Even with their gigantic size, large breeds like the Great Dane are enjoying more love from apartment dwellers.
If you live in a busy city and often stroll through different neighborhoods you may be surprised to see the different breeds you encounter along the way. Not too long along cities were reserved for only small dogs, mainly because of smaller living spaces, but this is no longer the case.
This has probably led many of you to wonder if there are other suitable breeds for smaller homes.
Although owning a dog in an apartment is a big responsibility, however, the reward is well worth it.
Although some breeds of dog might not mix well with tiny living spaces because of their high activity level and noisiness, many are adapted to living in small apartments.
In this article, you will learn the difference between raising dogs in apartments versus traditional home. We will also explore 5 large breeds that are not only suitable for apartments but also ideal companions. Let get started!
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Raising a Dog In an Apartment vs. Traditional Home
Living with a giant breed in an apartment is not the same as having one in a traditional home.
You don’t have a wide playing ground and your dog is enclosed in the building for the greater part of the day. Knowing the subtle differences between rearing a big hound in a traditional home and an apartment setting will save you the risk of making costly mistakes.
Raising a Large Dog In an Apartment
When you are sourcing for your dog, you need to consider such things as the size, activity and noise level.
Many landlords will welcome your request if you are convincing enough that your dog is a natural apartment dweller.
Some large dogs tend to do well — many are happy and healthy in apartments such as the Mastiff, Great Danes, St. Bernard, Newfoundland, and Great Pyrenees, however, many others are not suitable for a small living space. However, for some dog owners, particularly those of mutt puppies it is sometimes difficult to predict just how large your pet will be when they’re fully grown.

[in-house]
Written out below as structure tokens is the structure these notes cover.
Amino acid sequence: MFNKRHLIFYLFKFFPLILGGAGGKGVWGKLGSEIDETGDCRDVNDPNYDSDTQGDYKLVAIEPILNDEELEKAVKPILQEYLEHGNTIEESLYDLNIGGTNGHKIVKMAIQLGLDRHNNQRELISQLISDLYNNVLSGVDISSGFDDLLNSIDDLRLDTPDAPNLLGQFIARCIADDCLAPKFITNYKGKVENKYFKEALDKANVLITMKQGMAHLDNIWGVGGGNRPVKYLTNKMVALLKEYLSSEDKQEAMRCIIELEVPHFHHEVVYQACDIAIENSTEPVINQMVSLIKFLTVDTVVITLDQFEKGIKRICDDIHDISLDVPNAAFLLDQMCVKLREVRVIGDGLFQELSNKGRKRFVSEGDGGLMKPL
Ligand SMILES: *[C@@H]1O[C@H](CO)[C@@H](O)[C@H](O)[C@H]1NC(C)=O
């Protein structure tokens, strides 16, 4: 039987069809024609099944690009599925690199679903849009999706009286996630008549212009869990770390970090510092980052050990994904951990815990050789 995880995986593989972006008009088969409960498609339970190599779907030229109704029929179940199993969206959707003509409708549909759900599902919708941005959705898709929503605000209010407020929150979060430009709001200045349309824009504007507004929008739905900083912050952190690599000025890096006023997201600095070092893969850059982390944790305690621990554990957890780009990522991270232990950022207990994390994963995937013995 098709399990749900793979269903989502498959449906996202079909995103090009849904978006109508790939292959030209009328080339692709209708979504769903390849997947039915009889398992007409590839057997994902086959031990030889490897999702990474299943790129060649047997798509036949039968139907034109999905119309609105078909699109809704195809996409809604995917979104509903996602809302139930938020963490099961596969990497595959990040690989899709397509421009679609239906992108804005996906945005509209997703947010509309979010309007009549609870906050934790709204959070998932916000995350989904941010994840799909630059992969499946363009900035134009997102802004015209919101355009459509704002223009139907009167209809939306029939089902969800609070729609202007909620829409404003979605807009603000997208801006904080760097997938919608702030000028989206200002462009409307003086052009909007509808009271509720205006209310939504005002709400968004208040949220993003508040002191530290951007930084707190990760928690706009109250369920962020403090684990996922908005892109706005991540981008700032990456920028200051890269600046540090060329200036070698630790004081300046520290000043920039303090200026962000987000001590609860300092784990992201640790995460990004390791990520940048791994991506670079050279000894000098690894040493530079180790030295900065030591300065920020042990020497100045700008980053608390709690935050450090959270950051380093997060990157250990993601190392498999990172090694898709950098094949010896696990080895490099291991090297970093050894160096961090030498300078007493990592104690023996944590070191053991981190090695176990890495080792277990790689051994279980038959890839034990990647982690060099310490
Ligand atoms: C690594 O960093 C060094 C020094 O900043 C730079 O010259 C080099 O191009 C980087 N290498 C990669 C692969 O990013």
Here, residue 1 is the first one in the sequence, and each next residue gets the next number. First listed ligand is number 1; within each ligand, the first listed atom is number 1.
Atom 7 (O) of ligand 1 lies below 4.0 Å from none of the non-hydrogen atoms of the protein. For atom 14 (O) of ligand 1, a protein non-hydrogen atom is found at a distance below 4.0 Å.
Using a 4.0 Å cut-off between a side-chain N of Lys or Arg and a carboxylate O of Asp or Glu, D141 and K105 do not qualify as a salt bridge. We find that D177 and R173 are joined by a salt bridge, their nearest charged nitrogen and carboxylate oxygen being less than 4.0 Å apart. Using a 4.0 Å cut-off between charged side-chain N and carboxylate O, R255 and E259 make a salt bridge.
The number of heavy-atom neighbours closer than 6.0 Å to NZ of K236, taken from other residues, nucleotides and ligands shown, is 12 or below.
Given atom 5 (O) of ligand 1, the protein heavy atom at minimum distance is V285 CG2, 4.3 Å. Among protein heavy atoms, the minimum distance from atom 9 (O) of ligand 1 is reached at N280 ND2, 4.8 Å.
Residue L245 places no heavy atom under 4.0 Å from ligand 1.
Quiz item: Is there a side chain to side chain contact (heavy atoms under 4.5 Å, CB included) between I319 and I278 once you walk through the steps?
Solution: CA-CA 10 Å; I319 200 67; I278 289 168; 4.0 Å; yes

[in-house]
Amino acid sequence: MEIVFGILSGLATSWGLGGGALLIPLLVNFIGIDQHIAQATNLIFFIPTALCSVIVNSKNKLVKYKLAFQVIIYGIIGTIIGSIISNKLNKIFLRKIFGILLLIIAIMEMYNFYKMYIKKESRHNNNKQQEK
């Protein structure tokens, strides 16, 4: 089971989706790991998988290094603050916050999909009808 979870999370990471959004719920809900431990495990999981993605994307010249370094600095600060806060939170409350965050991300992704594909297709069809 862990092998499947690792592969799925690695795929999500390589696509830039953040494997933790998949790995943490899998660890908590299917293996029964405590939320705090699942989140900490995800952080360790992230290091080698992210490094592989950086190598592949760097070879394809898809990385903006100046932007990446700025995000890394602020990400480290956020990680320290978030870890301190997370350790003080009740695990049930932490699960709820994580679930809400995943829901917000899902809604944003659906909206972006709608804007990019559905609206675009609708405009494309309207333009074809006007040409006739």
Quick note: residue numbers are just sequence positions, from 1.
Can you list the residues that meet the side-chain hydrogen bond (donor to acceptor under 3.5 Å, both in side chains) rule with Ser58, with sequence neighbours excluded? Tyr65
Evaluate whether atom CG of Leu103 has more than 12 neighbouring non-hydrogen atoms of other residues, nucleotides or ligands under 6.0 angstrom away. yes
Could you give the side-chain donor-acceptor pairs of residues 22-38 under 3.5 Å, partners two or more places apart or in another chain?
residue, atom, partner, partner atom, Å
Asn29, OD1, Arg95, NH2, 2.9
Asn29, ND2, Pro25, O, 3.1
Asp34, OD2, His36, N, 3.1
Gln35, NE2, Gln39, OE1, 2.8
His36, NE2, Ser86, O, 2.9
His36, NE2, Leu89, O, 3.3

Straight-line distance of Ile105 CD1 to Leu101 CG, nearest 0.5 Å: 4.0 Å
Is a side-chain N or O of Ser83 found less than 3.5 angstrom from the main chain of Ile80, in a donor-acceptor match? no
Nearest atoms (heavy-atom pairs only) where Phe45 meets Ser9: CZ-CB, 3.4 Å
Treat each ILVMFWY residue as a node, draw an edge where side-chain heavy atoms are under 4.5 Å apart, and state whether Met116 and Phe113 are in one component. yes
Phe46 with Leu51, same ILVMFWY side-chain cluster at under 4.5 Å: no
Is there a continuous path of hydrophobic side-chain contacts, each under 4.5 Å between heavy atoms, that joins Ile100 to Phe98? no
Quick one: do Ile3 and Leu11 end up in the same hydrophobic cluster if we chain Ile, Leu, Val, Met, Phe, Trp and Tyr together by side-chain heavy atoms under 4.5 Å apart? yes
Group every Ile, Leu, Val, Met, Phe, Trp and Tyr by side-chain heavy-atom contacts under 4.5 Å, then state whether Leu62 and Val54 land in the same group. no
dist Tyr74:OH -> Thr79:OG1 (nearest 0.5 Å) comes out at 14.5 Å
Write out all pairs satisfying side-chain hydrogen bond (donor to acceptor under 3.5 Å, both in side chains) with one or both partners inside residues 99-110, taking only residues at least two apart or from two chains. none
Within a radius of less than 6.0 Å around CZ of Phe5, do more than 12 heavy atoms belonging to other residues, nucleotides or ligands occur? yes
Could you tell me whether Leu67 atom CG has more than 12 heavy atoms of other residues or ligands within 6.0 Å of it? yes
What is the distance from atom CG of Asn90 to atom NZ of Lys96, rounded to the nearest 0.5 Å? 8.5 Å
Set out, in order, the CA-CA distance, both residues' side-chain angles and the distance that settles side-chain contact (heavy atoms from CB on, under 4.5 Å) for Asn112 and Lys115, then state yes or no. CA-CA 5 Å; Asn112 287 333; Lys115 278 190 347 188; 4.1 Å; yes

The example mentioned here are some of the couch potatoes of the dog world — they can nap all day long on your couch. They live well in apartments setting and only need to go outside regularly to stretch their legs. If you have a nearby dog park near your home, these places can help with their exercise and they will get to meet other dogs too.
Living In Traditional Home
Usually, there is not a lot of restraint as to living with large breeds. There is a wide space and lots of playing ground. Except for a few disinterested neighbors, you have a lot more freedom taking in a big hound.
In this case, all the dog needs is a safe and secure area with a good shelter inside or outside the barn. The dog can live outside even in winter and doesn’t need a crate.
It’s easy to go on daily works than when you are living in an apartment. The only thing you will need is lots of handling and training.
When bringing a dog into your apartment, there are a couple of things you need to ensure are in place if you want to create harmony between you and your dog:
- Train your dog to be home alone, even if it’s attention seeking
- Set rules and guidelines for your dog to follow, where to sleep – is it on the sofa, can they claim a pillow beside you on the bed, or be on their spot on the floor?
- Make sure dogs are permitted by your landlord.
- The environment is dog-friendly, not somewhere the dog can easily jump out of the balcony
So, what are the best large dogs for apartments?
The Mastiff is a quiet family dog that was initially trained as a guard dog. This dog can weigh up to 150 pounds and their size can look imposing.
Fortunately, the size doesn’t matter as it doesn’t prevent the Mastiff from living in an apartment. Since this pup can snooze a greater part of the day, a small living space is okay for them. And they have low activity level so daily walks put them in a good mood.
Because they are so lazy, they are good apartment dwellers. They are happy once they have a place to nap. The only problem you might face is if you landlord will accept a dog of this size. You may have to discuss with your him to see if you can bring this guy in.
This dog is among the less active breeds in the dog world with an overwhelming size. Even with its gigantic size, it’s referred to as a gentle giant.